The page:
37. Write a list of all your friends and family and the gifts you want to buy them for Christmas this year

38. Play on a games console (e.g. Nintendo, Playstation or Xbox)

39. Create a ‘Mind Map’ (to capture the thinking going on in your head)

40. Clean up your emails

41. Make and install a bird feeder

42. Play with your pets

43. Do some work in your garden / private outside space

44. Upcycle something in your house

45. Learn how to draw / paint

46. Learn how to make soap or scented candles

47. Make greeting cards

48. Trace your ancestry, spend time talking to family and go through photo albums

49. Do the housework

50. Sleep…get lots of it, time to rest and recharge

We hope this blog has been useful and if you want any support please self-refer yourself for Telephone Counselling sessions by contacting us on 07895 796857 or completing our self referral form

We are here for anyone who wants to access Mental Health support during a period of self-isolation

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Do you ever find yourself sometimes thinking or feeling differently, perhaps in different situations or with different people? Or perhaps when you are with family, parents or with people in a position of authority.

So what happened there? You’ve suddenly found yourself behaving, acting or thinking in a different way, so different from a few moments ago.

Now feeling sure if in that moment you are an adult, back feeling like you did as a teenager or perhaps in a child state?

As an adult you have grown up with your own likes and dislikes, wants and wishes and thoughts and feelings that feel real to you. As an adult you are very clear about who you are, you can be open with others, loving and non-defensive. You are clear about your values and morals, and if something happens that questions these, you are able to stay grounded, in the present.

However in this moment, something has changed. Could your child self, or teenage self have resurfaced?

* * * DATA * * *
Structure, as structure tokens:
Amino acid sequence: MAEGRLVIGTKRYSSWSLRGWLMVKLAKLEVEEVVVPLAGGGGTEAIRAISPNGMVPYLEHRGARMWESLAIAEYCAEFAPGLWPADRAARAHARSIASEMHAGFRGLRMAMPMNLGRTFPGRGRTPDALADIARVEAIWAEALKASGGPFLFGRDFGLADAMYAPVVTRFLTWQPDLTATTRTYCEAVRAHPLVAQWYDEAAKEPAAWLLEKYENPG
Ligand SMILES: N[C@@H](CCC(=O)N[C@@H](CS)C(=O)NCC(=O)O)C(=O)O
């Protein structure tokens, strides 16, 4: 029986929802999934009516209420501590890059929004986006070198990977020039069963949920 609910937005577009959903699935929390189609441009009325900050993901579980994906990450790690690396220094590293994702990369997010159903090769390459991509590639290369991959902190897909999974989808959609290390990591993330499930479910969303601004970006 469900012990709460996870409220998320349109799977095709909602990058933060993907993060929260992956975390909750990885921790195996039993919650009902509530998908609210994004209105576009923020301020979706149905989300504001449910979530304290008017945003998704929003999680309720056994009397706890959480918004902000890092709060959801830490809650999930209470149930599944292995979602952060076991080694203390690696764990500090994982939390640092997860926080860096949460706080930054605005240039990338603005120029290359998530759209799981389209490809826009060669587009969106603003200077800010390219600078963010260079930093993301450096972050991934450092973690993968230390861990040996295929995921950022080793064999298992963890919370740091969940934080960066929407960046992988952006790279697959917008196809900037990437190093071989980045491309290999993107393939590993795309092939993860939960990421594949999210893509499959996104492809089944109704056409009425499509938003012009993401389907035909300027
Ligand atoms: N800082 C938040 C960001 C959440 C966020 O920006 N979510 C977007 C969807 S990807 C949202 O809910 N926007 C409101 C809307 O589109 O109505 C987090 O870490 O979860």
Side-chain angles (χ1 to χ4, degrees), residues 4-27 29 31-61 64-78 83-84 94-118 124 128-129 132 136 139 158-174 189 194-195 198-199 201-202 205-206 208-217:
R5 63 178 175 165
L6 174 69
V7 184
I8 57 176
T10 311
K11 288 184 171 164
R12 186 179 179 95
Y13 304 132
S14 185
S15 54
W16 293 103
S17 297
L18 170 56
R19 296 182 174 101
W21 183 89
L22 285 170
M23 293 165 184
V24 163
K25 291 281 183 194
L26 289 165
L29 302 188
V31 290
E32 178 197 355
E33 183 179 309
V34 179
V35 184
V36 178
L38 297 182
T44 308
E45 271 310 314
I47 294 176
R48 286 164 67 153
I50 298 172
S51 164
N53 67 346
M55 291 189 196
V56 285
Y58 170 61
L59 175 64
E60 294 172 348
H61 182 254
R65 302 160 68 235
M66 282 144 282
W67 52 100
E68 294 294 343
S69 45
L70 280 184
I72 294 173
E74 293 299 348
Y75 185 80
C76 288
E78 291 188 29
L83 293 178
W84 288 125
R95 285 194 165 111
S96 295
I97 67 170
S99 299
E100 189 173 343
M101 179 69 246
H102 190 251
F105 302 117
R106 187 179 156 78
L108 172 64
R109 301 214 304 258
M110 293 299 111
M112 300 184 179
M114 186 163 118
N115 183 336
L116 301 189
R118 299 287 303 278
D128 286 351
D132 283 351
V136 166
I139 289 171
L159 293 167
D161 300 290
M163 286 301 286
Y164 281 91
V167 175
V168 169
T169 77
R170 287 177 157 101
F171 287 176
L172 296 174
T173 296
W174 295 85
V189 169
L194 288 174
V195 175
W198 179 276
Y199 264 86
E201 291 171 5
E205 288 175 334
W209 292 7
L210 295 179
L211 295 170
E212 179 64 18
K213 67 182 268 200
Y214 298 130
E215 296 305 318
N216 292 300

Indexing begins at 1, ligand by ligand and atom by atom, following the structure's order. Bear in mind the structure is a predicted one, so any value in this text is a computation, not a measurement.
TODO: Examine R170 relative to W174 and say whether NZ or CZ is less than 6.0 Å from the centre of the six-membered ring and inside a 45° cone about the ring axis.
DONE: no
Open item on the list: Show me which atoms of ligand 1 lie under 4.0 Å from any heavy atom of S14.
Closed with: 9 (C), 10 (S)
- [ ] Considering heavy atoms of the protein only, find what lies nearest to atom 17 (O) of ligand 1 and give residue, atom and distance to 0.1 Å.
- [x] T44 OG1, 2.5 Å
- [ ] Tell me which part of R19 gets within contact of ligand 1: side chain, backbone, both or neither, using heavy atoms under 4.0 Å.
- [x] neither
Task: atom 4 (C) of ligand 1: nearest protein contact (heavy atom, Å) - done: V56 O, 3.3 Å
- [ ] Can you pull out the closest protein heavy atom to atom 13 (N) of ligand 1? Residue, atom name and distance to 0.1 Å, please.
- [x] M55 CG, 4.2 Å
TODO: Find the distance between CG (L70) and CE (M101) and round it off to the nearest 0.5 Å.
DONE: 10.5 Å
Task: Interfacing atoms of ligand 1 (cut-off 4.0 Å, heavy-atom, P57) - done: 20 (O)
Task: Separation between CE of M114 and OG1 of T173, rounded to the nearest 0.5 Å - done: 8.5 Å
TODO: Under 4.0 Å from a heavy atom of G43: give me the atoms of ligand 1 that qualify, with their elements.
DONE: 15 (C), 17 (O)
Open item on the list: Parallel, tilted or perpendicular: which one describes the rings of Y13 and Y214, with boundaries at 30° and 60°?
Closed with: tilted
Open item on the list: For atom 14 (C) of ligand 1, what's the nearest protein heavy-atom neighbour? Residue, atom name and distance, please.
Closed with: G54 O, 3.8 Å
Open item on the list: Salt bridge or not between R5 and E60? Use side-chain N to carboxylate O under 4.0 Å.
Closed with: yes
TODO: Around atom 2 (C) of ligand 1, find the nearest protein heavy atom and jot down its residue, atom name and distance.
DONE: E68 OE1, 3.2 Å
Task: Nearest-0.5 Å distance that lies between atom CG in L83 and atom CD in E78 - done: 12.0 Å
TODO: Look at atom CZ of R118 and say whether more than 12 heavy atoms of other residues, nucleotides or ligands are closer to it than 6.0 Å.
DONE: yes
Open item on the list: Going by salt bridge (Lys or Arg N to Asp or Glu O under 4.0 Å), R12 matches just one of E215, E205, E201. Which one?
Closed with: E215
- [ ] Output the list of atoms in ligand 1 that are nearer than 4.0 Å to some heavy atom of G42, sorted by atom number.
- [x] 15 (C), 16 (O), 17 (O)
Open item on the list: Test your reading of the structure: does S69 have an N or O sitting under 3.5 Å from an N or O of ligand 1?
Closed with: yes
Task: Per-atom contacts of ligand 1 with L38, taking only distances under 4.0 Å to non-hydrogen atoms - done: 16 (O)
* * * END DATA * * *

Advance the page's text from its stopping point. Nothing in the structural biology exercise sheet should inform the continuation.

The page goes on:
The child, who is very dependant on others, and behaves in a way which gains responses and love from others around us. For example, a child who claps and gets a massive round of applause and smiles from their parents, will repeat the clap again to gain the approval and response from those around them again. The child can give love to others, and gains love from those around them, and is able to express tears, tantrums, and emotions naturally. All the time however, seeking approval and positive responses from caregivers around them.

The teenager however finds it harder to express these thoughts and feelings freely, and often feels unheard. Transitioning from a dependant child to an independent adult, we find ourselves in a more complicated state. Sometimes our feelings do not feel heard or understood, and instead of seeing positive responses from others, we are more likely to withdraw, to emotionally withdraw feeling panicked, frightened and alone, confused about how to connect with others without fear. The psyche protects itself by withdrawing.

This is a dangerous place for the teenager who might struggle to have healthy relationships with others, taking out frustrations and anger on those around us, or withdrawing, spending time alone, overeating, developing dependencies on food, drink or in gaming, school work or other activities.

It is useful to reflect on the different situations you find yourself in, and what the triggers are that change the way you feel. Some examples of these are below;

- In a business meeting you are normally confident, able to speak openly and communicate clearly with others. However a position of authority attends the meeting and you suddenly feel anxious, frightened and withdrawn

- When visiting parents or family, you are sat around the dinner table and you either find yourself trying to please others, to gain approval (child-self) or you feel withdrawn, unheard and unable to express your thoughts and feelings (teenage-self)

If this resonates with you and you find yourself quite often getting stuck in either trying to gain approval by others, trying to behave so others will like you or approve of you, or alternatively you find yourself in situations where you don’t feel able to express yourself, where you feel that you withdraw and struggle with strong feelings and emotions this might be the time to seek out therapy.

Counselling can help you to explore when you are getting stuck in your child-self or teenage-self so that you can work towards developing strategies to help keep you in your adult-self as much as possible, and in these situations, as quickly as possible.

Contact us today to book an appointment.

#counselling #mentalhealth #selfcare